The roll out of district heat networks in the UK has “great potential” according to the head of Ramboll Energy UK, Crispin Matson. The consultancy said it was gearing up for opportunities following the government’s announcement of a £300 million funding package to deliver £2 billion-worth of district heat networks across the country over the next ten years, as part of its latest comprehensive spending review (Environment Analyst 26-Nov-15).
Ramboll is leading the creation of the Islington district heat network which seeks to remove heat from a Northern Line vent shaft on the London Underground and pump it into 500 nearby flats. But Matson said the potential is there for heat to be taken from data centres, canals and rivers to provide zero-carbon heat both across the capital and the rest of the country.
The Danish-headquartered consultancy has a lot of experience in district heat networks owing to their prevalence in the Nordic region. For example, in Denmark 62% of residential buildings are heated through combined heat and power systems and in Copenhagen that figure increases to 98%. In the UK meanwhile, just 2% of homes are currently heated by CHP.
However, Matson suggested this may be about to change given recent policy movements. He said: “Two years ago DECC came up with a heat strategy that stated if the UK is to decarbonise it will need district heating in London and heat pumps in rural areas. Since then feasibility studies have been carried out in 180 locations.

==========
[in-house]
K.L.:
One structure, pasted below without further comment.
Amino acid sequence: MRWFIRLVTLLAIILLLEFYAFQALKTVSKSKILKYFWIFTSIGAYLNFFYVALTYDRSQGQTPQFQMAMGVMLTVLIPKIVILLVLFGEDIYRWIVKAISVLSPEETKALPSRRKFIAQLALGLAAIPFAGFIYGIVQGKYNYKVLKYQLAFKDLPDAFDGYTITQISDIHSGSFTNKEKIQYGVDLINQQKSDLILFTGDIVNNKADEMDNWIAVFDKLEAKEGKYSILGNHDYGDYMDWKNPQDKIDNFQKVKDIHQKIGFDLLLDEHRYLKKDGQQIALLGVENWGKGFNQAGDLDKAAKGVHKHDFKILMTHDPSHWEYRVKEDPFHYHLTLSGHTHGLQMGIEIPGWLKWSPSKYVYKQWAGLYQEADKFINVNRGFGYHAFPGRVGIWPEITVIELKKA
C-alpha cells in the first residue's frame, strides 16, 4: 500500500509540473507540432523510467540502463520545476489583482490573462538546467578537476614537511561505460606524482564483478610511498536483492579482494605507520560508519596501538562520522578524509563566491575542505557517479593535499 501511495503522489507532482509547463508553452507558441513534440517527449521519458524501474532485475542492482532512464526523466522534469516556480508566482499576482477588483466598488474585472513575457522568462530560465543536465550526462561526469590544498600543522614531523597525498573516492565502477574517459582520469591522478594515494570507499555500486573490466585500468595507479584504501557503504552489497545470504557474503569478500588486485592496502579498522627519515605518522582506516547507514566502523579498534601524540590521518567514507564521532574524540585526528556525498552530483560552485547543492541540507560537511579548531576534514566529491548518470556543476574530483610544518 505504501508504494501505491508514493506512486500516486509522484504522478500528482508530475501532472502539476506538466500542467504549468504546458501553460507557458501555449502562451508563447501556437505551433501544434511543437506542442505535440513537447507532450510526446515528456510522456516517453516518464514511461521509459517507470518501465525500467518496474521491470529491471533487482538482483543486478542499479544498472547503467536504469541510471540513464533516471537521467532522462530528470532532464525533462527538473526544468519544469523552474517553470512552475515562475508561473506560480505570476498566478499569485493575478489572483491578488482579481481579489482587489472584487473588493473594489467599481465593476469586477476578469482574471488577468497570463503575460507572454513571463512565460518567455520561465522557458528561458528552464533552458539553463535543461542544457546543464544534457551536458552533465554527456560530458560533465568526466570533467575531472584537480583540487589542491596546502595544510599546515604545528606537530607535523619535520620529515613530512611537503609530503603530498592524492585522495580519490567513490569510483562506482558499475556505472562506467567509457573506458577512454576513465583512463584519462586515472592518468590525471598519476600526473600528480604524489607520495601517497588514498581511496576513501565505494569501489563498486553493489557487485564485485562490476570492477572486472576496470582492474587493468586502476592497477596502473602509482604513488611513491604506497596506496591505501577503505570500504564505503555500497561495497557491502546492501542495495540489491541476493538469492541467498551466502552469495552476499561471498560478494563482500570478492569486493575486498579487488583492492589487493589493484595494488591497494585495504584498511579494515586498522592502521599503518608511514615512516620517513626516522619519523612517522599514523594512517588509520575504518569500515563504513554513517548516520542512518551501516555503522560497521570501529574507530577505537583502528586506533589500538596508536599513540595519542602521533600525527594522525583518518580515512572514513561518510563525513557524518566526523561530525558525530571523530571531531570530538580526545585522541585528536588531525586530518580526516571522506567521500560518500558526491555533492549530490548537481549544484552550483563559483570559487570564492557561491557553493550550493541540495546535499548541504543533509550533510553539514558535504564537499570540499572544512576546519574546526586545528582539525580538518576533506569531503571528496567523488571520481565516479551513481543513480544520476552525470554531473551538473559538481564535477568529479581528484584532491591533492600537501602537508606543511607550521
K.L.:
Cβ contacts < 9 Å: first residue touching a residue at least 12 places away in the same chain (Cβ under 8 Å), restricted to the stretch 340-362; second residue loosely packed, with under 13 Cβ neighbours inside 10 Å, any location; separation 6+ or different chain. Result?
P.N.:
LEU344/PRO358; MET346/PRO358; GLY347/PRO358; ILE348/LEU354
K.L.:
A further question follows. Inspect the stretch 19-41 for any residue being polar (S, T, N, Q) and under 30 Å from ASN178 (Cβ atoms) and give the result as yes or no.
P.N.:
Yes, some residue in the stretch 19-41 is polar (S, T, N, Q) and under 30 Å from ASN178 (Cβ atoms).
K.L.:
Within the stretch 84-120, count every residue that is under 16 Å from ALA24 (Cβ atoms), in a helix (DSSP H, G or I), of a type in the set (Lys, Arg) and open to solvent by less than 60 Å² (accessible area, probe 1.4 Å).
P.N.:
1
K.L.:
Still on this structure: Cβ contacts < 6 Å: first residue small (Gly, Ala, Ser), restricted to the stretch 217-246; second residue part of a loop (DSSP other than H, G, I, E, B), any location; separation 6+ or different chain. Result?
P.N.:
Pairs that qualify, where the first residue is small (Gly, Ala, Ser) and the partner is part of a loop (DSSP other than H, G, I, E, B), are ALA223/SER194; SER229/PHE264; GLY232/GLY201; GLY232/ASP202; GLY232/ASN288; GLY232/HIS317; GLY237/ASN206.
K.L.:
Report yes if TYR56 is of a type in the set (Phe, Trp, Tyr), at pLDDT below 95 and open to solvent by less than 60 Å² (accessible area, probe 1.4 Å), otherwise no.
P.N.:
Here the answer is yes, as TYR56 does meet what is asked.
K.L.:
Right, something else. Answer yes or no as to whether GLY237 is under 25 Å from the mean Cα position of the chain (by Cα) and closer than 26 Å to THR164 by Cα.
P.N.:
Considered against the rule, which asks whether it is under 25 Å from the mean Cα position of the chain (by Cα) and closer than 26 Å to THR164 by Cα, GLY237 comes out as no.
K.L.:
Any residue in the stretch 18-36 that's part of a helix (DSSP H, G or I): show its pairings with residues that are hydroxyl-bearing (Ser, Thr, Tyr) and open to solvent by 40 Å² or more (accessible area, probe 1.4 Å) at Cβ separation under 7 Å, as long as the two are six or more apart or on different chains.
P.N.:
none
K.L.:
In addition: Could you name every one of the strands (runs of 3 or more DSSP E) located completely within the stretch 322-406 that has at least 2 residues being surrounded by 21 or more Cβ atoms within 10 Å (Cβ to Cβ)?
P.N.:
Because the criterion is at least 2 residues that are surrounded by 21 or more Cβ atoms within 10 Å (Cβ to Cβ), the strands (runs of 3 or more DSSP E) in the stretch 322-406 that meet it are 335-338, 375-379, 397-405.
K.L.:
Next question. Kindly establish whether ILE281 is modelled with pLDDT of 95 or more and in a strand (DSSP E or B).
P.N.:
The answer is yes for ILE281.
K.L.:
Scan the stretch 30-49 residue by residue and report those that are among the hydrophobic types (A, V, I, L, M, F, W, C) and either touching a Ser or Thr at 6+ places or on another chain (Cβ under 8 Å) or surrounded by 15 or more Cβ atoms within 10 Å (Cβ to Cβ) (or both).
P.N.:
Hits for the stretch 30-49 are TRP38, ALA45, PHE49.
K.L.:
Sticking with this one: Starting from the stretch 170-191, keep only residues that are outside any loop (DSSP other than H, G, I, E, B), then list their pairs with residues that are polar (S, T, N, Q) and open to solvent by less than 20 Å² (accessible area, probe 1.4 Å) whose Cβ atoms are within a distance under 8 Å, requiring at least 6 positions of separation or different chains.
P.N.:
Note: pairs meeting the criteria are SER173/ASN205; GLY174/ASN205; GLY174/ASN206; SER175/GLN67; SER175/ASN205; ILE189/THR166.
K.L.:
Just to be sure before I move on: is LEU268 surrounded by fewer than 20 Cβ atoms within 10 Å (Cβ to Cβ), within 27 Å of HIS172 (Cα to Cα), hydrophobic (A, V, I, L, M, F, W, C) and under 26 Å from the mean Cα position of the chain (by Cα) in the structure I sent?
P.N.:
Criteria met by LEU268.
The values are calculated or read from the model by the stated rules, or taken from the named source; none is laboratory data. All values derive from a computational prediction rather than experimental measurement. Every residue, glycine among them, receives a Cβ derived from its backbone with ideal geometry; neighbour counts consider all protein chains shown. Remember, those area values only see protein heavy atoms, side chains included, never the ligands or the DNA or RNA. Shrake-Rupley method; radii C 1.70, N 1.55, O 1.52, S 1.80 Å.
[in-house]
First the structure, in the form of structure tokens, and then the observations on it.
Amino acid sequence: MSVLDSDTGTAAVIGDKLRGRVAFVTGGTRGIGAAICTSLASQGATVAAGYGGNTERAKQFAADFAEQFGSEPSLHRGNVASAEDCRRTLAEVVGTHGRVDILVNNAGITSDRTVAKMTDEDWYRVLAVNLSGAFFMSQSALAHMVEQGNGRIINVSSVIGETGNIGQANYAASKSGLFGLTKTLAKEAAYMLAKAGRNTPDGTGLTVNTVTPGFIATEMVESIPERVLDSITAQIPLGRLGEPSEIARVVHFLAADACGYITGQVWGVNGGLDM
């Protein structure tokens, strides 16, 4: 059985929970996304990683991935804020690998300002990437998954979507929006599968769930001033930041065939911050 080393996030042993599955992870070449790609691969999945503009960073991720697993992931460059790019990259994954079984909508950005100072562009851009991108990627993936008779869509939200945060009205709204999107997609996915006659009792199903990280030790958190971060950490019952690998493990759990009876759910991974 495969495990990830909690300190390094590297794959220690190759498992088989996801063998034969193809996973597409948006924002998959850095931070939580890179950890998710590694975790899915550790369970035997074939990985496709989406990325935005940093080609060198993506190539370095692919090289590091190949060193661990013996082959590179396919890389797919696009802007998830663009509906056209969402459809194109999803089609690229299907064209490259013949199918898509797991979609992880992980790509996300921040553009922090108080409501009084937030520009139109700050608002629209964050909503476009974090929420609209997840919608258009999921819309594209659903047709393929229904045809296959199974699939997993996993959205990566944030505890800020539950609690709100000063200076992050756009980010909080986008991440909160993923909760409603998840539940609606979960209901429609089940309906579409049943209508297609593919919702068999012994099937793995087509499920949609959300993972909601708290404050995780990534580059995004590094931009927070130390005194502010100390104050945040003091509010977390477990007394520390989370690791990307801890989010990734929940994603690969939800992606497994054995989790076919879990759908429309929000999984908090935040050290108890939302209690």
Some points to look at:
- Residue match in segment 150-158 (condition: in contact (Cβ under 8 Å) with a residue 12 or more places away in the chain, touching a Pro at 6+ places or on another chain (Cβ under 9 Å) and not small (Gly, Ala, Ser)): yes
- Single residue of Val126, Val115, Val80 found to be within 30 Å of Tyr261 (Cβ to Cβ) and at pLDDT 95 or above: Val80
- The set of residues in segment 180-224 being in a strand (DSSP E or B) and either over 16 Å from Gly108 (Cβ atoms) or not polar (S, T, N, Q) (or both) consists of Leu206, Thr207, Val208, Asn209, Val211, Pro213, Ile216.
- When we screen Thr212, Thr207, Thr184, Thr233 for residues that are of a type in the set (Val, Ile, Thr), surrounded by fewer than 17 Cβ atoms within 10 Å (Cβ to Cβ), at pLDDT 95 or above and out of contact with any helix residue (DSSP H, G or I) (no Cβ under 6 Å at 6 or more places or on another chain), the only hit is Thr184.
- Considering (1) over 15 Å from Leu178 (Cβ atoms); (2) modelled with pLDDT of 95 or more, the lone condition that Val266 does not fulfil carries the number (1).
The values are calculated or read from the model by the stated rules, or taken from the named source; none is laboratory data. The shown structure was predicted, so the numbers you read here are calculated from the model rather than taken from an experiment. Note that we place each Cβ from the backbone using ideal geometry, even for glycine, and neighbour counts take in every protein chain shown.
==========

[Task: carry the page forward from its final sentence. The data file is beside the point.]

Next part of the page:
“The Greater London Authority is also demanding all new homes are built with the capability to be hooked up to district heating. Combined with the establishment of the Heat Network Delivery Unit in the Autumn Statement and the £300 million funding pot we see this industry offering great potential for our business.”
The firm also believes there is strong potential in the Germany and North American markets, with the US presently relying on steam heating which is both costly to operate and maintain, as well as a potential safety hazard. Ramboll was recently commissioned to undertake a renewable energy study for the Ivy League University Dartmouth College to evaluate the benefits of switching the existing steam system to modern hot water.